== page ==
Updated guidelines on BRCA-related genetic counseling and testing

A recent update to the USPSTF guidelines recommends that providers use a risk assessment tool for all women with personal or family history of breast and ovarian cancer.

Potentially harmful mutations of the breast cancer susceptibility 1 and 2 genes (BRCA1/2) are associated with increased risk for breast, ovarian, fallopian tube, and peritoneal cancer. In the Western world, breast cancer is the most common cancer after non-melanoma skin cancer and the second leading cause of cancer death. In the general population, BRCA1/2 mutations occur in an estimated 1 in 300 to 500 women and account for 5% to 10% of breast cancer cases and 15% of ovarian cancer cases.

In 2013, the U.S. Preventive Services Task Force (USPSTF) recommended referral to genetic counseling only for women with a family history of breast, ovarian, tubal, or peritoneal cancer.

Now, in a recent publication, these guidelines have been updated  to reflect the latest evidence regarding benefits and harms of risk assessment and genetic testing. (US Preventive Services Task Force, Owens et al  Risk Assessment, Genetic Counseling, and Genetic Testing for BRCA-Related Cancer: US Preventive Services Task Force Recommendation Statement. . JAMA. 2019 Aug 20;322(7):652-665. doi: 10.1001/jama.2019.10987)

The key recommendations of the recent update are:

  • Primary care providers should screen patients who have a personal history or family history of breast and ovarian/peritoneal/tubal cancers.
  • One of the seven available risk assessment tools should be used to estimate the likelihood of carrying a pathogenic BRCA mutation.
  • Women with a positive screen should be referred for genetic counseling and, if indicated, testing.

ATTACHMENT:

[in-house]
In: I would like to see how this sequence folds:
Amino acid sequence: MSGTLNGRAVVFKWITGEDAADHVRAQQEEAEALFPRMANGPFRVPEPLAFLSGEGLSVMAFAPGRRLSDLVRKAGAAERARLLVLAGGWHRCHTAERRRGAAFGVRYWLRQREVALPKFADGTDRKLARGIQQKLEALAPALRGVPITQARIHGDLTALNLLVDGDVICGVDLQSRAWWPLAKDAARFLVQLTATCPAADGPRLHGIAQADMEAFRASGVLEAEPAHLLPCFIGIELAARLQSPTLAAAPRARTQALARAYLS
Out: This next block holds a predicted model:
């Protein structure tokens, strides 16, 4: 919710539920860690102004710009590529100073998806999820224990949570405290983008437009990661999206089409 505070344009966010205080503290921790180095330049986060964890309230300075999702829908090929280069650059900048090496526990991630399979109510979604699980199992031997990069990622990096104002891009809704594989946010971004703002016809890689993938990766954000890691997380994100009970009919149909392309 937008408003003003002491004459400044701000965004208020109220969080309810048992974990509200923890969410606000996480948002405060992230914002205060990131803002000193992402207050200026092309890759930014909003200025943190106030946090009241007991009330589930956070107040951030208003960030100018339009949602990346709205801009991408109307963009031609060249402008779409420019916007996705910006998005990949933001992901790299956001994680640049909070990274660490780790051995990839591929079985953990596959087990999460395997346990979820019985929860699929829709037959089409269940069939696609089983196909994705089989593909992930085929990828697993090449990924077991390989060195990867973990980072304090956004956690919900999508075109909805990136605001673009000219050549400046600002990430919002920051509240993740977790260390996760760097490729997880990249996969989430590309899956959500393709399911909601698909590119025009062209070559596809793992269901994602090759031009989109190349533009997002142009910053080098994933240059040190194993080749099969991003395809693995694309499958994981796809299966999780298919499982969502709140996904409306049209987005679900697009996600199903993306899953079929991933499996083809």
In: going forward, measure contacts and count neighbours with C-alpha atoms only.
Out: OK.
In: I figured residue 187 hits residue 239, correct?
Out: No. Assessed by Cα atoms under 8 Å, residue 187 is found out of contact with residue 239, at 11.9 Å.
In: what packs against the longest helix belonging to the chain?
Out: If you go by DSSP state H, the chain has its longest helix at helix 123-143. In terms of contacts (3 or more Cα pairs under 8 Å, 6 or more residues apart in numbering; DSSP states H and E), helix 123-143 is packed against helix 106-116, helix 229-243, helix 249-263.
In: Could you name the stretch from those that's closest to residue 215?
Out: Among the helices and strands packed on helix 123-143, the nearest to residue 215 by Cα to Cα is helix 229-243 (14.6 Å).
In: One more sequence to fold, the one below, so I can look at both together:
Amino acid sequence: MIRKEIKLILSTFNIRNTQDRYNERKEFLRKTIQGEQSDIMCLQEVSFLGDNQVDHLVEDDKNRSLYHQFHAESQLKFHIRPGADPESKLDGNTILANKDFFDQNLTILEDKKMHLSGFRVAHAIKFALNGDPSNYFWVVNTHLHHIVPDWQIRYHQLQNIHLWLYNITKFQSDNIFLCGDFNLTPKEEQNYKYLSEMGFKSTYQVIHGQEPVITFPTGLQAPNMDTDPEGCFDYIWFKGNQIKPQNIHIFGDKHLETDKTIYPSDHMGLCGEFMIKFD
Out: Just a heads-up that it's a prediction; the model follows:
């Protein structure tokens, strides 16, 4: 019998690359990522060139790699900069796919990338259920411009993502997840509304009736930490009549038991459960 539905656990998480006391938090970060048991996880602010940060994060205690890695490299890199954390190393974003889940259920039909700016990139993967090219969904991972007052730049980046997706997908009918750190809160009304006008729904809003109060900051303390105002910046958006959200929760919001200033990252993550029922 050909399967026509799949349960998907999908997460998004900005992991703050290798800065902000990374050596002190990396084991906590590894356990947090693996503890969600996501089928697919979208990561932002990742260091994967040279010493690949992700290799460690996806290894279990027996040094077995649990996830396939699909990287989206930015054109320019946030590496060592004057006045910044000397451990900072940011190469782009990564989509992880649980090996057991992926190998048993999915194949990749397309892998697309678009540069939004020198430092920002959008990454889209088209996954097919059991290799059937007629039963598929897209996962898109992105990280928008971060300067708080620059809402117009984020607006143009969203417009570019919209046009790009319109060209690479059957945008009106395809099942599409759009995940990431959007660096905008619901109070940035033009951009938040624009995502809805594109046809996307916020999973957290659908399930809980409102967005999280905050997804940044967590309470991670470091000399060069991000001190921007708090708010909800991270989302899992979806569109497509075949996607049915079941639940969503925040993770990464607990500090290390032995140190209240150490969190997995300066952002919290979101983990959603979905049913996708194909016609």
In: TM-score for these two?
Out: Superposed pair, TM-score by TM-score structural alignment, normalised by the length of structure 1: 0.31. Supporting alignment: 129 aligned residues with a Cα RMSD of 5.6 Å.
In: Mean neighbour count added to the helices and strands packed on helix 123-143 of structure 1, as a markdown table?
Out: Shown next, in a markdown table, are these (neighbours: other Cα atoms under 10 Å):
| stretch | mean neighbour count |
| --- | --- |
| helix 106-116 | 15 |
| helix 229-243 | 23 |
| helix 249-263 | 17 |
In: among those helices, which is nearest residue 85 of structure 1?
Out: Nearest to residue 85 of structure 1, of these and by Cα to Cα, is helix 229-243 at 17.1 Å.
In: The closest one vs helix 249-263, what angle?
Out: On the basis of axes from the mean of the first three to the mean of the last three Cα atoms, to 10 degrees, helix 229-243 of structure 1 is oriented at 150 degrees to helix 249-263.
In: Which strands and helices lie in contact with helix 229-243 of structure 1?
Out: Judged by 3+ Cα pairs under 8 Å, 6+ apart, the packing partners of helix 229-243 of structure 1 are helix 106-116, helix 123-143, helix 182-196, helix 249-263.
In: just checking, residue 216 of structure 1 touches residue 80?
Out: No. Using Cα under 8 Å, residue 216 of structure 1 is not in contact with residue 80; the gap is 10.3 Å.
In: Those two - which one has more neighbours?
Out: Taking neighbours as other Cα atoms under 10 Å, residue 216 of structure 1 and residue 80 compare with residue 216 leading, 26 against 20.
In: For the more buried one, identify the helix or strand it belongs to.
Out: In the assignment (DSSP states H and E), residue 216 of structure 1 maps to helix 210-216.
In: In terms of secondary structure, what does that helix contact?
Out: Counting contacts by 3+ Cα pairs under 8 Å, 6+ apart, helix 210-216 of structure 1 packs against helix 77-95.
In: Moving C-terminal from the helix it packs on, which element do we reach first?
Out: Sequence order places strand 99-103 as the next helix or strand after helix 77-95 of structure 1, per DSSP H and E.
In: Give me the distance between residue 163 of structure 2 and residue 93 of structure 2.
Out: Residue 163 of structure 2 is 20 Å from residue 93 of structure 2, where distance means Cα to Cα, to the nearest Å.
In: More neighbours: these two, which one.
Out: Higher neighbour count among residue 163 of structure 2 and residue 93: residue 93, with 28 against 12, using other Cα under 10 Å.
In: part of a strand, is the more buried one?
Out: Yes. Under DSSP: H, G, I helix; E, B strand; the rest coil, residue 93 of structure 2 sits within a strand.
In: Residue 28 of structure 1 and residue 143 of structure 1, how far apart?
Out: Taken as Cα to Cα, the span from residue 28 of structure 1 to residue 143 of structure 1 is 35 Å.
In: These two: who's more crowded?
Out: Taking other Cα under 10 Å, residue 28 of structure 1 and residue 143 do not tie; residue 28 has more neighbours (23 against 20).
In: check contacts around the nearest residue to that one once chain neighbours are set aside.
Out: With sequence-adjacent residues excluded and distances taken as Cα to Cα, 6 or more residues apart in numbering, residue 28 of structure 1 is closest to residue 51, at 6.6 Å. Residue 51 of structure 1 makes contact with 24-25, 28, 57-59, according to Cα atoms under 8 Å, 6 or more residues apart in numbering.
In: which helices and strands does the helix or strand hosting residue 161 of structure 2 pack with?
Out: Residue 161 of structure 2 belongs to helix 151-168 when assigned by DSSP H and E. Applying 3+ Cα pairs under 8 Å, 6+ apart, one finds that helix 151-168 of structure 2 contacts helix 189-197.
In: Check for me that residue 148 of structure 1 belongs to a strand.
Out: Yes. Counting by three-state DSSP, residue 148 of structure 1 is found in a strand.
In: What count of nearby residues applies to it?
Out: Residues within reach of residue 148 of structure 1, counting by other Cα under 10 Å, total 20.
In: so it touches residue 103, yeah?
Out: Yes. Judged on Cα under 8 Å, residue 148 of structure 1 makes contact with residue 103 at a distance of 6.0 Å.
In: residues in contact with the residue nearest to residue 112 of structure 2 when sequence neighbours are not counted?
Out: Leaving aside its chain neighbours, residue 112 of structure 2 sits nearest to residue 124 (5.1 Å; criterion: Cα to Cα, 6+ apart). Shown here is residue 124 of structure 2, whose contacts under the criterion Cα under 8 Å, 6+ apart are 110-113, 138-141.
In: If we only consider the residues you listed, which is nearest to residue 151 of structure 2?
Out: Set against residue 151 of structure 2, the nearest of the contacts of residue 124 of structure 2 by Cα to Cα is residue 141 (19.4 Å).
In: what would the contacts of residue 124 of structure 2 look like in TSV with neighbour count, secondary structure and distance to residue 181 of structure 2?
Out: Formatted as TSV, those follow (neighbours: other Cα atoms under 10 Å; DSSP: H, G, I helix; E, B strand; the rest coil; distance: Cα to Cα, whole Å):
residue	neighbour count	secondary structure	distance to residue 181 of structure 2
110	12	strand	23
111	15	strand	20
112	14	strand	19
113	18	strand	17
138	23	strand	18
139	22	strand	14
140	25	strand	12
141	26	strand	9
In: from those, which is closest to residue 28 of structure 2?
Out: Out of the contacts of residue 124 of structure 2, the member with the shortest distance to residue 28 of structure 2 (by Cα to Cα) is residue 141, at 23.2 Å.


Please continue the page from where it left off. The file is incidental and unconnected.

• Routine screening and genetic testing are not recommended among the general population without a history suggestive of BRCA mutation.

Many professional oncology societies have already adopted genetic testing guidelines that address family history and personal history of cancer; now, this USPSTF update expands the obligation to the primary care arena. Among assessment tools, the Gail Model is not appropriate for calculating risk for BRCA mutation; either the Referral Screening Tool or Tyrer Cuzick is preferable. Clinicians can use a few simple red flags in a patient’s history to generate a referral for genetic testing; these include personal or family history of breast cancer with Ashkenazi Jewish ancestry, breast cancer diagnosis before age 45, male breast cancer, tubal or ovarian cancer at any age, or breast and ovarian cancer in the same individual. Direct to consumer genetic testing (e.g., 23andMe) only looks for 3 Ashkenazi Jewish founder mutations in BRCA genes and does not identify the other 98% of BRCA mutations.

These days, genetic testing typically involves multiple gene panels beyond BRCA; the National Comprehensive Cancer Network provides guidelines for such tests.

doi: 10.1001/jama.2019.10987.